(Baltimore, MD) – Today, the Maryland House of Delegates and the Maryland Senate officially passed the Senate Bill 686, also known as the Child Victims Act of 2023. The bill is now headed to Governor Wes Moore’s office for signing into law. Governor Moore also has publicly expressed his support for the bill, telling The Baltimore Sun that he looks forward to signing the bill into law. If passed into law, the civil statute of limitations for child sexual abuse lawsuits would be lifted and survivors could file lawsuits regardless of when the abuse occurred.
“Until there is real consequence for cover-up, they will continue unabated,” said attorney Jeff Anderson. “We demand the Archbishop release the undisclosed names of offenders and the identities of the officials who concealed the crimes. It’s time to come clean.”
The House and Senate’s approval of the bill follows the recent release of Maryland Attorney General’s report on clergy sexual abuse within the Archdiocese of Baltimore. The 463-page report revealed over 150 clergy associated with the Archdiocese of Baltimore sexually abused over 600 children.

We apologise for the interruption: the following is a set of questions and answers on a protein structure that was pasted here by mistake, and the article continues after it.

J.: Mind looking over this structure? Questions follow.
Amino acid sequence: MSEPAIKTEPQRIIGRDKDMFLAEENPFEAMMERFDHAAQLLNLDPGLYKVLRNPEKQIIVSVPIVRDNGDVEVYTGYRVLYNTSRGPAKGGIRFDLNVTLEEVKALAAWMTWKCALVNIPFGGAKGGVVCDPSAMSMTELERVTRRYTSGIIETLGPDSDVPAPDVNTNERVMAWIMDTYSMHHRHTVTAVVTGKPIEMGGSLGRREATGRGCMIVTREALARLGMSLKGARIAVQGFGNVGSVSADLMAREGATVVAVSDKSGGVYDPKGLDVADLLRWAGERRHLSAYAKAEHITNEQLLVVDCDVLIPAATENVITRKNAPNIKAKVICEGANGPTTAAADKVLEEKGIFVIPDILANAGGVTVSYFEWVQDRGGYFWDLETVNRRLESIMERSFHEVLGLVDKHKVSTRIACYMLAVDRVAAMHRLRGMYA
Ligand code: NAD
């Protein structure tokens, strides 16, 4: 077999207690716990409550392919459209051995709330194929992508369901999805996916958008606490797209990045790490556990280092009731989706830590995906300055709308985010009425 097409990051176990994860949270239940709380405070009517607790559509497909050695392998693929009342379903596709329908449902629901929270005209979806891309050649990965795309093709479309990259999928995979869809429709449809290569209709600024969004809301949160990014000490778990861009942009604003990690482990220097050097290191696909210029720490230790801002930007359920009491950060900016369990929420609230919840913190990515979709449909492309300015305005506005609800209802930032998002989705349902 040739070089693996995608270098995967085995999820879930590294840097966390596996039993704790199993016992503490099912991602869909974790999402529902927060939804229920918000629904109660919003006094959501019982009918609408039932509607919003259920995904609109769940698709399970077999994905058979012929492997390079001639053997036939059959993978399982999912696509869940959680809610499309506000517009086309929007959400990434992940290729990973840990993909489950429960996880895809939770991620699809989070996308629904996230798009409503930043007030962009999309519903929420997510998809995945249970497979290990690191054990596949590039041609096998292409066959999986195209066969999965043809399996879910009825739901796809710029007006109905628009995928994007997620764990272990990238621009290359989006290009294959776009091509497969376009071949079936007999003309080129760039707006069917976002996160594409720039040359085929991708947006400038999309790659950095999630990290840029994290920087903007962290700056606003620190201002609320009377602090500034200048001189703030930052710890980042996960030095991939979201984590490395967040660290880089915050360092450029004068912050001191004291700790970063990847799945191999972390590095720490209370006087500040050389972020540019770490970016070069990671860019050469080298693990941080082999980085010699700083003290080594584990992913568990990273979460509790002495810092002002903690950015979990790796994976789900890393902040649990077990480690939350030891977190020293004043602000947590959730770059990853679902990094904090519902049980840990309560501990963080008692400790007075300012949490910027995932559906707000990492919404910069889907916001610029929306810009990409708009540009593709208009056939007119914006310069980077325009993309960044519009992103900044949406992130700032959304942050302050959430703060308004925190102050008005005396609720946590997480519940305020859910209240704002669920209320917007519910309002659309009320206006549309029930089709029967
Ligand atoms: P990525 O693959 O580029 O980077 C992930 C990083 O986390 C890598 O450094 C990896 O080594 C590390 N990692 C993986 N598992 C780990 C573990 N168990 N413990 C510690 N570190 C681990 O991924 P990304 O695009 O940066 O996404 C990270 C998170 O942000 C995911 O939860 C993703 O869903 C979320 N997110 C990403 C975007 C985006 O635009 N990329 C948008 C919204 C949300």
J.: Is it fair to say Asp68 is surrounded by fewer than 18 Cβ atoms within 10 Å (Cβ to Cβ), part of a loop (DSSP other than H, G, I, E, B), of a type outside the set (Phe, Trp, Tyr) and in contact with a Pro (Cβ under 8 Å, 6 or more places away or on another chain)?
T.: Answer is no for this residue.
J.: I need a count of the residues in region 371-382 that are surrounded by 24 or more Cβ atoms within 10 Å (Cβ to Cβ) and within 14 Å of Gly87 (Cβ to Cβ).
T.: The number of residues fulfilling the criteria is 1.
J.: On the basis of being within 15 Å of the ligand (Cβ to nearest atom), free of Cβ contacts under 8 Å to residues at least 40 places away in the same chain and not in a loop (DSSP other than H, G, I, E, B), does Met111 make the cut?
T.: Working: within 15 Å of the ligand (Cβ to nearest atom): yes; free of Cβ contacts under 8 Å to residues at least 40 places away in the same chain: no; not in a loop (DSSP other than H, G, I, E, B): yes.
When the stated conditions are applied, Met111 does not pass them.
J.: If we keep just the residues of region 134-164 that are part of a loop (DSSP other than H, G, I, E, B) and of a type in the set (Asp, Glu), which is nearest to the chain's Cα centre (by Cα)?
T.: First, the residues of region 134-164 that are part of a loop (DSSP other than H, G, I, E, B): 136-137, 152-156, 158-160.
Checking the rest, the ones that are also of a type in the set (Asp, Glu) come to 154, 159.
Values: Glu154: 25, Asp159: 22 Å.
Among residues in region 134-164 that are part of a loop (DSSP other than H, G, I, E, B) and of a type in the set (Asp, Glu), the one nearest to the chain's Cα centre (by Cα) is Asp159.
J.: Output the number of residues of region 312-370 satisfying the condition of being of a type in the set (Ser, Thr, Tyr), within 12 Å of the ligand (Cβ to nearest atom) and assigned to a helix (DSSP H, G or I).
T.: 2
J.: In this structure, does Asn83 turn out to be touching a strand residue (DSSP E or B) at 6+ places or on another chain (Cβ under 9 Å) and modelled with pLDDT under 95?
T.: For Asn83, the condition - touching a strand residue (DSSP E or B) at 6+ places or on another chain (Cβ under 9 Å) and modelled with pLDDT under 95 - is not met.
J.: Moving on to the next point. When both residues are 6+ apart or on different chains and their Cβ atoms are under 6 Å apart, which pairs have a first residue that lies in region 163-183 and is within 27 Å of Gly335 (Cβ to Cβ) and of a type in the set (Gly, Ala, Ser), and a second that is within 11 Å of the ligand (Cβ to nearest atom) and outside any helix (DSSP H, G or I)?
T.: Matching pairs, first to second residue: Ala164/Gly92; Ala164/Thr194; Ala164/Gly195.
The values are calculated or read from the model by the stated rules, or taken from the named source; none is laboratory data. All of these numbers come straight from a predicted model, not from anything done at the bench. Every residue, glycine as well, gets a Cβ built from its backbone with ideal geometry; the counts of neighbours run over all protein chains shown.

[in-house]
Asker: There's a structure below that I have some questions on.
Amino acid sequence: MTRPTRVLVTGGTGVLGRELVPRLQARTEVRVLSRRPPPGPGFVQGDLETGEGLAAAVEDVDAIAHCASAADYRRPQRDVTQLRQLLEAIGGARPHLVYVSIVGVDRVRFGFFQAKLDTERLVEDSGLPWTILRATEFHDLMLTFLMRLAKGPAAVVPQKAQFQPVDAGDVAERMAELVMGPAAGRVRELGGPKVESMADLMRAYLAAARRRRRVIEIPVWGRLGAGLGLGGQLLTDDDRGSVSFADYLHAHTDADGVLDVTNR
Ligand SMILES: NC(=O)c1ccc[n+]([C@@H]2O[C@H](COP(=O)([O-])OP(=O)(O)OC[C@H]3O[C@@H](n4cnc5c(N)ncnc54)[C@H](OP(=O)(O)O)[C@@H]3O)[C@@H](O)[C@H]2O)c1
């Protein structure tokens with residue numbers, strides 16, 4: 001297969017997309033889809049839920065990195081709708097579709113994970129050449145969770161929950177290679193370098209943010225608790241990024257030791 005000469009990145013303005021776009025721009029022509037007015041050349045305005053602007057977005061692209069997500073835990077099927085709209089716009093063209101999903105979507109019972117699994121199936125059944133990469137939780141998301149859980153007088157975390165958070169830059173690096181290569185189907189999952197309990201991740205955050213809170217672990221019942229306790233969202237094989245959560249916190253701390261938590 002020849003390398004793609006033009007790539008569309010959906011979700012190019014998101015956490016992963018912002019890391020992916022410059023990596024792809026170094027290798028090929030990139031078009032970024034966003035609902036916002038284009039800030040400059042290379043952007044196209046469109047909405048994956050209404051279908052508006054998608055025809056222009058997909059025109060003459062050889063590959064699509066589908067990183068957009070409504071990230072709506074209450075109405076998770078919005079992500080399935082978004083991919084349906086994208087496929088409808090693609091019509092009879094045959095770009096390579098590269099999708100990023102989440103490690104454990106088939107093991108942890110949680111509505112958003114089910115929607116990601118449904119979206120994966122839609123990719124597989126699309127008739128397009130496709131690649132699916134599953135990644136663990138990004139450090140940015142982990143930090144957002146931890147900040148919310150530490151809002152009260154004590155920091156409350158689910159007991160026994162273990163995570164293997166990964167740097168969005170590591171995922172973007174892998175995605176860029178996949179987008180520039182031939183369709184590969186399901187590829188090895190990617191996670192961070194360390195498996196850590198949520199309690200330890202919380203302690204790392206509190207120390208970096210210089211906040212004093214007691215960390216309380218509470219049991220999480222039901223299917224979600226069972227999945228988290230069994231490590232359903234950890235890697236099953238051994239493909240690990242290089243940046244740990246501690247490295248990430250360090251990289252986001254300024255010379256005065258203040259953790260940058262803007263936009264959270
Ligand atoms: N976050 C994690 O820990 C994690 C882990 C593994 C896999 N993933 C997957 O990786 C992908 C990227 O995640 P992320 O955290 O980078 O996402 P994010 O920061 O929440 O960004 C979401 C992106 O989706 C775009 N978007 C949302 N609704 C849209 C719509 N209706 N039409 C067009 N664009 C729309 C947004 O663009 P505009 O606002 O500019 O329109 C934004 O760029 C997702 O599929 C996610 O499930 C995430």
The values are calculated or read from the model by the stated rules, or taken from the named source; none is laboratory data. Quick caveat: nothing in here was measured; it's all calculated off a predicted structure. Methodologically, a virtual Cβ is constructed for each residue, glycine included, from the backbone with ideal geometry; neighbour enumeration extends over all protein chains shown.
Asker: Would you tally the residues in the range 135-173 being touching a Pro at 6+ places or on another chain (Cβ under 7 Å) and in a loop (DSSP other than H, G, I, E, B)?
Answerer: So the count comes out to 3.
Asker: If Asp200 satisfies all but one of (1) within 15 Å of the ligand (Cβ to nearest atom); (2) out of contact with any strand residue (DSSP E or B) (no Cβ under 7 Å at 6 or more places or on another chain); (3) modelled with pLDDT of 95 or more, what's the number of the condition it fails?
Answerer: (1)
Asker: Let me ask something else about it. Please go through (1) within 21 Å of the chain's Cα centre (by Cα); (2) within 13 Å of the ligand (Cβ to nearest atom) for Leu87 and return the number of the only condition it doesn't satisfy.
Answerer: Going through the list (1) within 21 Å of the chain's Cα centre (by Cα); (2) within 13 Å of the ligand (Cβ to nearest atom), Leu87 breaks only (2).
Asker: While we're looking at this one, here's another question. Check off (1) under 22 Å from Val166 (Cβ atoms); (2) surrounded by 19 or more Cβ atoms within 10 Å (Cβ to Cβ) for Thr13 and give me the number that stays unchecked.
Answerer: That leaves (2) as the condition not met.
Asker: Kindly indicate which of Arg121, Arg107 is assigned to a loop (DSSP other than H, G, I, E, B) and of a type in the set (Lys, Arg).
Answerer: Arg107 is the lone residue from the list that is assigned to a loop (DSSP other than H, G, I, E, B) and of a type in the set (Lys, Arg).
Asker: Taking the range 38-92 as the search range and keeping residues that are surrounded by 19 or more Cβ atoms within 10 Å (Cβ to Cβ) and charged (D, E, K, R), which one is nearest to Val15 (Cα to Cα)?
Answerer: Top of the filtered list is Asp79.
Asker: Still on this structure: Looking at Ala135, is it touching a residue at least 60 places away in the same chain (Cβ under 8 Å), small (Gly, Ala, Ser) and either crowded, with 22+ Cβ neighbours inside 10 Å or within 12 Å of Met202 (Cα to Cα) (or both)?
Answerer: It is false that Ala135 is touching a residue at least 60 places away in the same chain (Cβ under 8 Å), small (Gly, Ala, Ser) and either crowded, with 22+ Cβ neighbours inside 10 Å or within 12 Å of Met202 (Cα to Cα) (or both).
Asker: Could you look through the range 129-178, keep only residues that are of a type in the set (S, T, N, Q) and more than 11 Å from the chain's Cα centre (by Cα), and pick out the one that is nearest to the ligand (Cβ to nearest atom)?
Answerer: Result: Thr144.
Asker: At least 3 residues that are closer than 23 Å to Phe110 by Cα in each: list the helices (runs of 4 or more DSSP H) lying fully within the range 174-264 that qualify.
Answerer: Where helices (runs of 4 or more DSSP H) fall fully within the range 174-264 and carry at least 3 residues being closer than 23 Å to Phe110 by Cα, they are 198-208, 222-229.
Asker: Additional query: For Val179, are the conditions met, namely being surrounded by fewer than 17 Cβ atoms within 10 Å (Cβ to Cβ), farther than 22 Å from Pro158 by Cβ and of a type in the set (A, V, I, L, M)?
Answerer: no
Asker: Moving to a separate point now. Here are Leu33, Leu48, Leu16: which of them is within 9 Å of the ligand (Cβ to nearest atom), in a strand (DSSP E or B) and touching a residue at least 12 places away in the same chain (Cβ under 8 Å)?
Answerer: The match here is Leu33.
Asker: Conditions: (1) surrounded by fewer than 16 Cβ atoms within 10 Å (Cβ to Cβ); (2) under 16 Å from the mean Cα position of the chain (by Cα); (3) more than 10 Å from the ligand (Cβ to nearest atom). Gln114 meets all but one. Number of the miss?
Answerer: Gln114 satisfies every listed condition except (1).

The bill also puts a cap on liability for public entities at $890,000. It would increase the liability limit to $1.5 million for claims against private institutions for non-economic damages (such as pain and suffering). Additionally, it removes the limit for economic damages for costs of services such as seeing a therapist or medical treatment. Under Maryland’s current law, there is no statute of limitations on criminal charges of child sex abuse but, since 2017, survivors of child sex abuse have been barred from bringing civil lawsuits if they are older than 38.
“It’s time for the law to protect kids instead of offenders and those that enable them,” said Anderson.